2G, 3G, 4G, 5G.
CDMA, TDMA, GSM, 5G NR.
Frame relay, ATM, ISDN, SONET.
People used to think network operators like the telcos were slow to adopt new technologies. And some still do.
They’re not wrong. After all, it does take a fair amount of time for communications service providers to justify, review, select, test, and roll out new technologies and solutions. Doing all that can be expensive and complicated.
But a look at the partial list of network technologies above offers a reminder about how truly adaptive CSPs have been over the past few decades. And now they’re working to adapt again.
This time around they’re moving to adopt open, software-based technologies and architectures. They’re doing that in an effort to automate more network processes by using analytics, encryption, and preset policy. That should allow them to make more informed decisions, be more responsive, better scale their networks, and keep those networks and applications and data associated with them more secure.
It’s not just the CSPs like telcos and cablecos that are moving in this direction. Companies like Amazon, Facebook (News - Alert), and Google are doing it too. In fact, they pioneered this kind of thing. And now other enterprises are considering and adopting more adaptive and software-centric networks as well.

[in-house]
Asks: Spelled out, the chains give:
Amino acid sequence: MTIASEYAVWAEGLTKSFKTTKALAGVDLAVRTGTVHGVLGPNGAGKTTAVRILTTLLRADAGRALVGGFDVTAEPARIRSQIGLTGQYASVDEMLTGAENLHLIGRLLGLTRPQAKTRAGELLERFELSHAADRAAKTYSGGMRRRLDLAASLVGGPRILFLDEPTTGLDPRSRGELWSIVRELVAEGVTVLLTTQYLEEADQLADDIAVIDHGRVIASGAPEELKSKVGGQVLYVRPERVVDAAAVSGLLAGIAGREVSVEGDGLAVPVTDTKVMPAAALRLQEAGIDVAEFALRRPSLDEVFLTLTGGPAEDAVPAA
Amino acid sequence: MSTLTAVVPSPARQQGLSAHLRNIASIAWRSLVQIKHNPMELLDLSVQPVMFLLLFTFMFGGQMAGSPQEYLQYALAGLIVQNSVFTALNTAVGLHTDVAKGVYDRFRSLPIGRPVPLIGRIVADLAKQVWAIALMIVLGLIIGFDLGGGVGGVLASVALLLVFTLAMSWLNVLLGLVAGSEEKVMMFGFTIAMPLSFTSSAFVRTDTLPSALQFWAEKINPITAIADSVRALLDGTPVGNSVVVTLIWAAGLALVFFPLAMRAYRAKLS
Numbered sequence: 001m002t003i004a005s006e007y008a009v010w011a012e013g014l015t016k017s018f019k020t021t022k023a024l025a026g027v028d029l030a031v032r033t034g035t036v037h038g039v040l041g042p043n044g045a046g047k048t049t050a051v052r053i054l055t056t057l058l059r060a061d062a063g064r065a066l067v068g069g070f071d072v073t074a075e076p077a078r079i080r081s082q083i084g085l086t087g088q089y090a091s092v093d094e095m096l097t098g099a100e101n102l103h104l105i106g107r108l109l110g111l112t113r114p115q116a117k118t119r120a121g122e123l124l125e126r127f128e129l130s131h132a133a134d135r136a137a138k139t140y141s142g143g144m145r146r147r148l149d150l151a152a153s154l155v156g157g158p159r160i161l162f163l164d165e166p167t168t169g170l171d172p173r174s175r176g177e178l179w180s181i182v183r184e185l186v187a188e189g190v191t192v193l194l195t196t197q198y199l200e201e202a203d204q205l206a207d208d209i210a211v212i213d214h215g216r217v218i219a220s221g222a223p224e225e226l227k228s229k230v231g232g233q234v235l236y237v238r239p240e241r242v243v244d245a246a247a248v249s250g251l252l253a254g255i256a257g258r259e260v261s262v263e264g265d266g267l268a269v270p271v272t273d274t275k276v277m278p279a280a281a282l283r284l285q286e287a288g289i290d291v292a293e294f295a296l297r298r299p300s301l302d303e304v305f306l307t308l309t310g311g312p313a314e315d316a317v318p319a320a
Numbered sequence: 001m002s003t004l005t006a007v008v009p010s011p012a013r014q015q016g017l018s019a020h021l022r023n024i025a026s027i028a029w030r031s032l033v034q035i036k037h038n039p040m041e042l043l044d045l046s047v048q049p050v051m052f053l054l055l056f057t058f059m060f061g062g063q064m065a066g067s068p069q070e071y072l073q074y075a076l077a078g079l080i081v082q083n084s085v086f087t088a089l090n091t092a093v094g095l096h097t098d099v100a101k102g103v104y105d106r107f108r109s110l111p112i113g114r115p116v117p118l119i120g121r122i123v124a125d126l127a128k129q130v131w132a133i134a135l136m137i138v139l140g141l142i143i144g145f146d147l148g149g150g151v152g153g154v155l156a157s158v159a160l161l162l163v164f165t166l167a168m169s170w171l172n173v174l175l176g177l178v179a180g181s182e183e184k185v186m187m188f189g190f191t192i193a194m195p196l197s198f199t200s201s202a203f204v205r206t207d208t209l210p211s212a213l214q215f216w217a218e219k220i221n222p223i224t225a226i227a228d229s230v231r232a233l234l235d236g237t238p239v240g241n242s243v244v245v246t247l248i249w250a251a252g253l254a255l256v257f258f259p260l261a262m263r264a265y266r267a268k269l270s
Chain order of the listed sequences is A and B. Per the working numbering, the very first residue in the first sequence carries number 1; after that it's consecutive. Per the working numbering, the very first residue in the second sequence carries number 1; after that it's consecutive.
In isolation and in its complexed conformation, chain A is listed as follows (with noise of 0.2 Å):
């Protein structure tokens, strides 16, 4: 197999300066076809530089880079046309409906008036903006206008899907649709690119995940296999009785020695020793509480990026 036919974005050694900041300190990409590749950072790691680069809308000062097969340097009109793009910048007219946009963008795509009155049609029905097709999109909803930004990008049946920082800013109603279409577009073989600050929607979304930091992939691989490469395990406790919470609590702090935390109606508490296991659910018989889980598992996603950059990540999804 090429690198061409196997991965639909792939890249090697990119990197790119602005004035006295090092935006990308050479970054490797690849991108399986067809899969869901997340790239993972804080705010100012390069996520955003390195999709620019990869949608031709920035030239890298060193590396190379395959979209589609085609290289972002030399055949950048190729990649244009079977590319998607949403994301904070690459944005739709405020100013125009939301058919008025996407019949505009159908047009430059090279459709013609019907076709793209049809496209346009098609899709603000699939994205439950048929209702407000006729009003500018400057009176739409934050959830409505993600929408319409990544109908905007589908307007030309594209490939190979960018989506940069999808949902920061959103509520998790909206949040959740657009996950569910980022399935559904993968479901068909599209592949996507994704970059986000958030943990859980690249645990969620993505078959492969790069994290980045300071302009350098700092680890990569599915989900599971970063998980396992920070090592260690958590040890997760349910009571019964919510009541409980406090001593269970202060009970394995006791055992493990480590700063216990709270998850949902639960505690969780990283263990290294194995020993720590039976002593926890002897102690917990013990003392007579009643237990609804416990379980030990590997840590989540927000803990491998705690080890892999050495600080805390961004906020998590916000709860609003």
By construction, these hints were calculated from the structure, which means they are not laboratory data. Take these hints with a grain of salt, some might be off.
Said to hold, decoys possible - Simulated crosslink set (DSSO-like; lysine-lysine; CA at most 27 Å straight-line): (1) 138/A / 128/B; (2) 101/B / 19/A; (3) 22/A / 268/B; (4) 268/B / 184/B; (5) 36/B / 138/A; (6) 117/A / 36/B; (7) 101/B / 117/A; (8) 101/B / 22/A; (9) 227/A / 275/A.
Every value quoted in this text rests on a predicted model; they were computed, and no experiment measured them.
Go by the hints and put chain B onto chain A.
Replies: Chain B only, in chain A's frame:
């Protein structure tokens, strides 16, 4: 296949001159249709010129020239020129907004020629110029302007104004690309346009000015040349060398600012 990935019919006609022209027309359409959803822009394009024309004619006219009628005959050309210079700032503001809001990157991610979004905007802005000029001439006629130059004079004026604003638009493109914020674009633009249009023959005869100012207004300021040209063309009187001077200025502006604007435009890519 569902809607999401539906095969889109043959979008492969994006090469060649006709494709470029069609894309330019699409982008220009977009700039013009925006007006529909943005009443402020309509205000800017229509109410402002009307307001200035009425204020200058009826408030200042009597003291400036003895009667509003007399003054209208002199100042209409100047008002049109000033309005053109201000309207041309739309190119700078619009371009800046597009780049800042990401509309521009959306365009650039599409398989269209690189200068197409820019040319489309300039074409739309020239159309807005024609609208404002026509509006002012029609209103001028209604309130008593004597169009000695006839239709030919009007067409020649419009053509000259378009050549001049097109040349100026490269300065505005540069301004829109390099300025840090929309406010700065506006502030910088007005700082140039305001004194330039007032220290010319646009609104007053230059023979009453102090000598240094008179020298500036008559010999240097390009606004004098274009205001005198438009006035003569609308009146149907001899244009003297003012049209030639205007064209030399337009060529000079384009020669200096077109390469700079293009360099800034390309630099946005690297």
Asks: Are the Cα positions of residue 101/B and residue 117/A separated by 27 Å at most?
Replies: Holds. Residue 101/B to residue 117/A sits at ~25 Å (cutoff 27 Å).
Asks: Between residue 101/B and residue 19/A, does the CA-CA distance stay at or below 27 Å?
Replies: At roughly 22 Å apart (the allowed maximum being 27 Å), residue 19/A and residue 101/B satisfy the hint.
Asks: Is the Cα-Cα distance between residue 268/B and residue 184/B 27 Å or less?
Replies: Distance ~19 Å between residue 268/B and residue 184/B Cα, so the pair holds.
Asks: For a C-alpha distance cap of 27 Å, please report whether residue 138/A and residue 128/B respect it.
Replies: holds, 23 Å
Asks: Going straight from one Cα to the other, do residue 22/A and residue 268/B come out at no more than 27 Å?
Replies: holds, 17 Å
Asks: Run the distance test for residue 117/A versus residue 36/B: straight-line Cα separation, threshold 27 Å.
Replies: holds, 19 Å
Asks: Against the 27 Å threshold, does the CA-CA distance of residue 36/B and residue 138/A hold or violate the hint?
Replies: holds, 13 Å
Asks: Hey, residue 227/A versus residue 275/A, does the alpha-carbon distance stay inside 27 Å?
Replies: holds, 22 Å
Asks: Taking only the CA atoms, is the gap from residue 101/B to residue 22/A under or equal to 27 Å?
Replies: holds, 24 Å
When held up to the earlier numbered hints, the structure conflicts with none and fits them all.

Among the tools in their new toolboxes are:
• cloud solutions
• hyperscale data centers
• open source technology
• virtual machines
• web-scale networks
• and more
But network transformation is about more than just embracing new technology. It’s about using that technology in a way that helps deliver the desired business results. In the process, network operators want to try to contain their costs and optimize the investments they do make.
That requires them to have the talent they need to define business goals and choose the right technologies, suppliers, and strategies to achieve them. This talent needs a good mix of technological know-how and business acumen.
Because business models have changed so radically in recent years and networking technology have advanced rapidly, and because unemployment is low, many businesses find it makes sense train their own people to meet their new talent needs. That training may include attending conferences, getting hands-on experience, working toward certification, or taking in-person or online classes. Providing staff with a knowledgebase can also be helpful.
Edited by Maurice Nagle